By Elianna Novitch
A bill in the Iowa Legislature calls into question the line between free speech and discrimination.
Senate File 2344, a bill that would regulate how higher-education institutions handle free-speech, passed the Senate last week 29-20 with one legislator absent. It is now headed to a House education subcommittee for a vote today.
The bill, introduced by Sen. Amy Sinclair, R-Allerton, the chair of the Senate Education Committee, was criticized as a response to the lawsuit against the University of Iowa after the institution deregistered Business Leaders in Christ, a Christian student organization, in November 2017. The university argued that the group discriminated against a gay member by not letting him hold a leadership position.
The legislation states “a public institution of higher education shall not deny benefits or privileges available to student organizations based on the viewpoint of a student organization or the expression of the viewpoint of a student organization … [or] based on the student organization’s requirement that the leaders of the student organization affirm or agree to the student organization’s beliefs or standards of conduct or further the student organization’s mission.”
Daniel Hoffman-Zinnel, the executive director of One Iowa Action, a statewide LGBTQ advocacy organization, condemned the bill in an email statement.
“Freedom of speech is a necessity and bedrock principle of higher education,” Hoffman-Zinnel said. “However, this bill goes further than ensuring freedom of speech on college campuses. It gives campus groups the ability to discriminate against others because of who they are while accessing public funds and publicly subsidized venues.”
Legislators previously made an amendment stating public universities “may prohibit student organizations from discriminating against members or prospective members on the basis of any protected status recognized by federal or state law” after the bill initially passed the Senate Education Committee.
Sen. Herman Quirmbach, D-Ames, thought the amendment addressed the issue of discrimination nicely.
“When I first read the bill, it struck me that there was a lot of good free-speech language in there,” he said. “The restrictions seemed to be constitutional and well-motivated.”
However, the Senate struck down that amendment in its final floor vote, which prompted Democrats such as Quirmbach to oppose the bill.
“I thought there was a nice balance there, and I was very disappointed,” he said. “Frankly, I think the Republicans reneged on a compromise that had been adopted at the committee level.”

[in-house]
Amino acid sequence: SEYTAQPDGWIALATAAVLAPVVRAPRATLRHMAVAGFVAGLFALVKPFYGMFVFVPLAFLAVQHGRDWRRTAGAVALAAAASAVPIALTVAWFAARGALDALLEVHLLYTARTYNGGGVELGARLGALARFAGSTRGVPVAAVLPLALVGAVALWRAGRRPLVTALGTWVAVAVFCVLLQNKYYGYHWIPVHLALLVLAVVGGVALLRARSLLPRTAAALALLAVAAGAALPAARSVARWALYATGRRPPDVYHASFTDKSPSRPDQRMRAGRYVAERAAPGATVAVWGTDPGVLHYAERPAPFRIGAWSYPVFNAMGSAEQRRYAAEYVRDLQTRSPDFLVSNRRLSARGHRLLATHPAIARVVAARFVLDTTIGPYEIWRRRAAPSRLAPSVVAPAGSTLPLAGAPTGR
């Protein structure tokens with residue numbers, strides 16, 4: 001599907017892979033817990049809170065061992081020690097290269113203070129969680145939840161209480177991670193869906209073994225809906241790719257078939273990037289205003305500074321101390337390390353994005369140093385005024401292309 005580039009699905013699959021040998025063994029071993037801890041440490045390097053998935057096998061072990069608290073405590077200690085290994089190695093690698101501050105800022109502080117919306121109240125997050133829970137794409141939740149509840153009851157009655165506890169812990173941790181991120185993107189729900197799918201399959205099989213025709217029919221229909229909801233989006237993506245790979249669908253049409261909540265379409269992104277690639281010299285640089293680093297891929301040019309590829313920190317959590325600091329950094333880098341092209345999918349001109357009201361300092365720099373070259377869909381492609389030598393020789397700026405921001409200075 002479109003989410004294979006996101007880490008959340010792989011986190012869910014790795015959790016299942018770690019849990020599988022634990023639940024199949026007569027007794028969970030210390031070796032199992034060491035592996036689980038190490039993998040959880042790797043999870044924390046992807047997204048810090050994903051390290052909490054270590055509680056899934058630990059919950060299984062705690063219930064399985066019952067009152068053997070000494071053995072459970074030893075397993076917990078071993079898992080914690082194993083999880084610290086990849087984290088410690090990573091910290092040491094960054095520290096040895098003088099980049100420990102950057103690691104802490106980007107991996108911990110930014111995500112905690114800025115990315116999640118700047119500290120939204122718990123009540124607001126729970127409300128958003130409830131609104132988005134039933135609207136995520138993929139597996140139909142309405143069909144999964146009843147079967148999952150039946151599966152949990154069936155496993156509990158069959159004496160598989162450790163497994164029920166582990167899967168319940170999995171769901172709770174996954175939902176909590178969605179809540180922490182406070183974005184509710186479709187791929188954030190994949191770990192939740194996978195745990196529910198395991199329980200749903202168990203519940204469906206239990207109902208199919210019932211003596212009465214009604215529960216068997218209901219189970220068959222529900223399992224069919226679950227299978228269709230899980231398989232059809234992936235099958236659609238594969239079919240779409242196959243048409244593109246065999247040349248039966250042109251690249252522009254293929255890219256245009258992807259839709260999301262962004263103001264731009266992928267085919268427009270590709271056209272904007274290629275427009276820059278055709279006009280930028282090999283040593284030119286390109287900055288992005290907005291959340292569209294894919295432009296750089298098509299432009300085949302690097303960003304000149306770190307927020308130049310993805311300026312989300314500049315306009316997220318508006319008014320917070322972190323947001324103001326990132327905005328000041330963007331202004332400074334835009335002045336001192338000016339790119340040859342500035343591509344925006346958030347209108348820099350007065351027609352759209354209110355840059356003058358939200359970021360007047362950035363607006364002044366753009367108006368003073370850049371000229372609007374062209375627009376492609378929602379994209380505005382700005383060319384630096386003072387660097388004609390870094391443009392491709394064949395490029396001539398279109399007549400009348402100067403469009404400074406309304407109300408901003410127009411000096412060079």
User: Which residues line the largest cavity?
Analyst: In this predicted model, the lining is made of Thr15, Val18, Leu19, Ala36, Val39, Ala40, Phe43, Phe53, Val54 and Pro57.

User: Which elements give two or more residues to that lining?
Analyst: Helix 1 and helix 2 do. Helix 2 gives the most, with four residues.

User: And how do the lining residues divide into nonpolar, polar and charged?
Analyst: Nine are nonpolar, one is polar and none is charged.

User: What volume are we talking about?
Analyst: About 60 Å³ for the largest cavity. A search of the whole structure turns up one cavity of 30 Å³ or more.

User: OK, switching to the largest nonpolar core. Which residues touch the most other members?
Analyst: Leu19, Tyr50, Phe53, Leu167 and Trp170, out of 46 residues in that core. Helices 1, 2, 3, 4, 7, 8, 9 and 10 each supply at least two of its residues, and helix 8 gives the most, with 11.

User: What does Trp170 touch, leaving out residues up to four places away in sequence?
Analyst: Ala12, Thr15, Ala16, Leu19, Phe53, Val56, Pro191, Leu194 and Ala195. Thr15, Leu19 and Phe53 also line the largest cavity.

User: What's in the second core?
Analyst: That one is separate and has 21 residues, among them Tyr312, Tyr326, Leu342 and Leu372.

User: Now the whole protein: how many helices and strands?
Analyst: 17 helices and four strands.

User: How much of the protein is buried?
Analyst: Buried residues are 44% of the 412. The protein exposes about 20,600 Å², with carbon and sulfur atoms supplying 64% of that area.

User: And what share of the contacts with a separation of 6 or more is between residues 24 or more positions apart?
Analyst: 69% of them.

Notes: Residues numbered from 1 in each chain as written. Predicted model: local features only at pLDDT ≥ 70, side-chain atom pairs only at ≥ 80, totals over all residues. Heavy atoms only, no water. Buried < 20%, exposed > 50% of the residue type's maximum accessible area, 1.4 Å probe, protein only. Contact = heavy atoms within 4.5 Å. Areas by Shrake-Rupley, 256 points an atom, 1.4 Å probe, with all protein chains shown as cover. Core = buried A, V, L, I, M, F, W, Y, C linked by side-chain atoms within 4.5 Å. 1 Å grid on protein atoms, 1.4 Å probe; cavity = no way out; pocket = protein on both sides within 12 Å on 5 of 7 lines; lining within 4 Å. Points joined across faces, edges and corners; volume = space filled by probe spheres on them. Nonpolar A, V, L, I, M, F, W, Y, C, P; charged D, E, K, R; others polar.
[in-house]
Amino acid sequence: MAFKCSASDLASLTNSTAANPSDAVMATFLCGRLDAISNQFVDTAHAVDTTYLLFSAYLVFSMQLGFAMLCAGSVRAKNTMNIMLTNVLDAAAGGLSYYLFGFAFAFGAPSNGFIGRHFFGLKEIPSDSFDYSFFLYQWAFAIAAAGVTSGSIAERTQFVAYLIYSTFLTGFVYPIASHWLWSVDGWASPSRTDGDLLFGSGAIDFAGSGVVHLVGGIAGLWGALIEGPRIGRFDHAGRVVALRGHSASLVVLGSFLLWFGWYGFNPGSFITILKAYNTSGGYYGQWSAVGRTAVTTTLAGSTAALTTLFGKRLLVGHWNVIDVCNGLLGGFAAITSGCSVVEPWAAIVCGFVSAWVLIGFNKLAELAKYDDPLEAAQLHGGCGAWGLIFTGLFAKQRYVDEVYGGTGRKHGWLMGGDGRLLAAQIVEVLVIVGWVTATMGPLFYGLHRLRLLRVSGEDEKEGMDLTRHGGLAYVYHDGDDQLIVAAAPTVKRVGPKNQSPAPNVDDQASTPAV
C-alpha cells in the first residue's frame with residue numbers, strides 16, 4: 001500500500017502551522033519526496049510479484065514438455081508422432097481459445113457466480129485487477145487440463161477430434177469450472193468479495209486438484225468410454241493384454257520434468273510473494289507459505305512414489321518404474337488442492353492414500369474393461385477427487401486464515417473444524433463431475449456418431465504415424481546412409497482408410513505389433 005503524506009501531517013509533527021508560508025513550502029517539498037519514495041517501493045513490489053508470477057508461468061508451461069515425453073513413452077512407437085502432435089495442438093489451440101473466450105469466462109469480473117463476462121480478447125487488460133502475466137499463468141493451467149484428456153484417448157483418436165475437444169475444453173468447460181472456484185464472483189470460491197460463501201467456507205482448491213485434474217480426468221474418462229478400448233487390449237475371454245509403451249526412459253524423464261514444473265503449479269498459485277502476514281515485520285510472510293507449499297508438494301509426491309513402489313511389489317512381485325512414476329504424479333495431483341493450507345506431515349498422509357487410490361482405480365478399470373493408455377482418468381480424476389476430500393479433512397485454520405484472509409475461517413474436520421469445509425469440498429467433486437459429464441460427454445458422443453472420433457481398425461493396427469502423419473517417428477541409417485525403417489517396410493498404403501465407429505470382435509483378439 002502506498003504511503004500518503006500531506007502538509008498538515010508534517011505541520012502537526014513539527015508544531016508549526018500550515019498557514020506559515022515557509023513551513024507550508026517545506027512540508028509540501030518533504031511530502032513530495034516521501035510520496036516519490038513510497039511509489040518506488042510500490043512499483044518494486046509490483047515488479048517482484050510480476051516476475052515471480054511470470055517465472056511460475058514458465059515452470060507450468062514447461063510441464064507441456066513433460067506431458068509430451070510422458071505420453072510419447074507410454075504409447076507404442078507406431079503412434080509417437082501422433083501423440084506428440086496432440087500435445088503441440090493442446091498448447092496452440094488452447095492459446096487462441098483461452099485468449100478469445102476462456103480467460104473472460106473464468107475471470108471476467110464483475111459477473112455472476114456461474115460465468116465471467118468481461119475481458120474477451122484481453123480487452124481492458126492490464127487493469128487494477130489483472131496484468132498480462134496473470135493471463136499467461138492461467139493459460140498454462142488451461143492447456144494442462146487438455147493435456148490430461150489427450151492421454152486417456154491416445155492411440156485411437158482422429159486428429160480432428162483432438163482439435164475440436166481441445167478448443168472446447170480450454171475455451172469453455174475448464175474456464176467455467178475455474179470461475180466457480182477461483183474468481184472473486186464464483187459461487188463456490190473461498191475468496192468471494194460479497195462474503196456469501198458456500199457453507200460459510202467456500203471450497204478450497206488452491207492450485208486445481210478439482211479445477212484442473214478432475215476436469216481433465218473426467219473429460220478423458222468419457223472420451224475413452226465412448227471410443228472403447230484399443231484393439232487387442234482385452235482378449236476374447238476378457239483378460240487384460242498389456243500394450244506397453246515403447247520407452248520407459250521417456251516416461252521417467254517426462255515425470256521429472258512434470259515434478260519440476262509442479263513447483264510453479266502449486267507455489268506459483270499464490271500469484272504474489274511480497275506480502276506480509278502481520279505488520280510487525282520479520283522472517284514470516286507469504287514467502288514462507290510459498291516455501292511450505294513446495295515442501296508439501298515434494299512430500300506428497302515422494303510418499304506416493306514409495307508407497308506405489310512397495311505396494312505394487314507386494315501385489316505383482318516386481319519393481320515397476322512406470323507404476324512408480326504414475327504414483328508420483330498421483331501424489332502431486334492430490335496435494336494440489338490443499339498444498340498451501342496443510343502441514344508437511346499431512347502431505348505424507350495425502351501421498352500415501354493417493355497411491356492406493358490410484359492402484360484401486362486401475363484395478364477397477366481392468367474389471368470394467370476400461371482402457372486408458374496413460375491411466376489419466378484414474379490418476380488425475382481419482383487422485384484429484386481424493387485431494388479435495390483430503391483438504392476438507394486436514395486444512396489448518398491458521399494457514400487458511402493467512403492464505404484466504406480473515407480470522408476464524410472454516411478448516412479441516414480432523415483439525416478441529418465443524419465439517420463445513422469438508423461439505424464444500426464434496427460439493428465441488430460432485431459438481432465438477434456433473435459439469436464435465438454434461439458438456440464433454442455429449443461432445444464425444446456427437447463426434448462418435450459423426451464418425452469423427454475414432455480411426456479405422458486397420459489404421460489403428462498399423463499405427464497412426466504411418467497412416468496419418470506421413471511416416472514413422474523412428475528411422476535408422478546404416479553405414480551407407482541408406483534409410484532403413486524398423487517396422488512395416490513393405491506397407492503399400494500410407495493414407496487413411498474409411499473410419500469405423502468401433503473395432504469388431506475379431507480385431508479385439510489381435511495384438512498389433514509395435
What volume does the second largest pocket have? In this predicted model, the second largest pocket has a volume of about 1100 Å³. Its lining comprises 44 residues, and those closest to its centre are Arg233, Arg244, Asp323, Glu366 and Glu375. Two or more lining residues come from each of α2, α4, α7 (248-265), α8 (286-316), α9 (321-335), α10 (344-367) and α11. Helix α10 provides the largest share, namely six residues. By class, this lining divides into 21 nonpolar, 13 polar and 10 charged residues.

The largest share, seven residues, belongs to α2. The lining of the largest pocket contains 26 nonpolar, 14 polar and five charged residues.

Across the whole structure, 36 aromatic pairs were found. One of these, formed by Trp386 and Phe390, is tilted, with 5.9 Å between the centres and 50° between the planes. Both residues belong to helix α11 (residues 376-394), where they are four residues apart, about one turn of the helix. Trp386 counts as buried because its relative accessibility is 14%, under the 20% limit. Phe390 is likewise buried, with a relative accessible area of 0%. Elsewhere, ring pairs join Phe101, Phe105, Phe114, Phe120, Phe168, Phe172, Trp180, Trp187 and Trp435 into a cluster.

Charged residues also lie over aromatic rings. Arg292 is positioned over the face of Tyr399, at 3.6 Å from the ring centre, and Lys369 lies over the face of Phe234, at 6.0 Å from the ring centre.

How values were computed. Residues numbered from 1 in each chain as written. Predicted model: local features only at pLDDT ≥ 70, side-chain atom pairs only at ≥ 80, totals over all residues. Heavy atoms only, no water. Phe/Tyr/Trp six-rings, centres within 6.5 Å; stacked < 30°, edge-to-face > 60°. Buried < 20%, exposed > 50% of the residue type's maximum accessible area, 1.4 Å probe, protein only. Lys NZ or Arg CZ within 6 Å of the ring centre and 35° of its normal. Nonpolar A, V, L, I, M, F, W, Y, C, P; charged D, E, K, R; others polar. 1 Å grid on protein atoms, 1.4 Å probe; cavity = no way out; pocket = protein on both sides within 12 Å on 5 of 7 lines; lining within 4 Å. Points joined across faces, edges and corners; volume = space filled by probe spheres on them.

The issue of discrimination based on status or identity was scrutinized in the UI case. The organization argued that the university was not equally applying its Human Rights Policy to other student groups on campus that have language in their constitutions that limit access to leadership positions because of the organization’s beliefs.
One group examined in the case was Imam Mahdi, a Muslim-registered student organization. The organization’s constitution states it will guarantee equal opportunity and equal access to membership, programing facilities, and benefits to all. However, membership is granted in one of two categories: full membership or general membership.
According to Imam Mahdi’s constitution, all UI community members are entitled to general membership in the organization.
For full membership in the organization, an individual must be 18 years or older and be Muslim, Shia, and obtain the recommendation of two members. Full members have the right to vote in official elections to choose the organization’s representatives and hold elected office.
“You have to be a Shia Muslim [to be a full member] because we represent the Shia community here in Iowa City,” Imam Mahdi President Hayder Alalwan said. “It wouldn’t be reasonable to have a Christian talk about Shia or represent Shia. If you want someone to talk about your faith, this person should have a good knowledge about your faith so that they can give the right answers and right interpretation for people.”
As the bill moves through the Legislature, it is uncertain what implications it would have for organizations such as Imam Mahdi and Business Leaders in Christ if passed.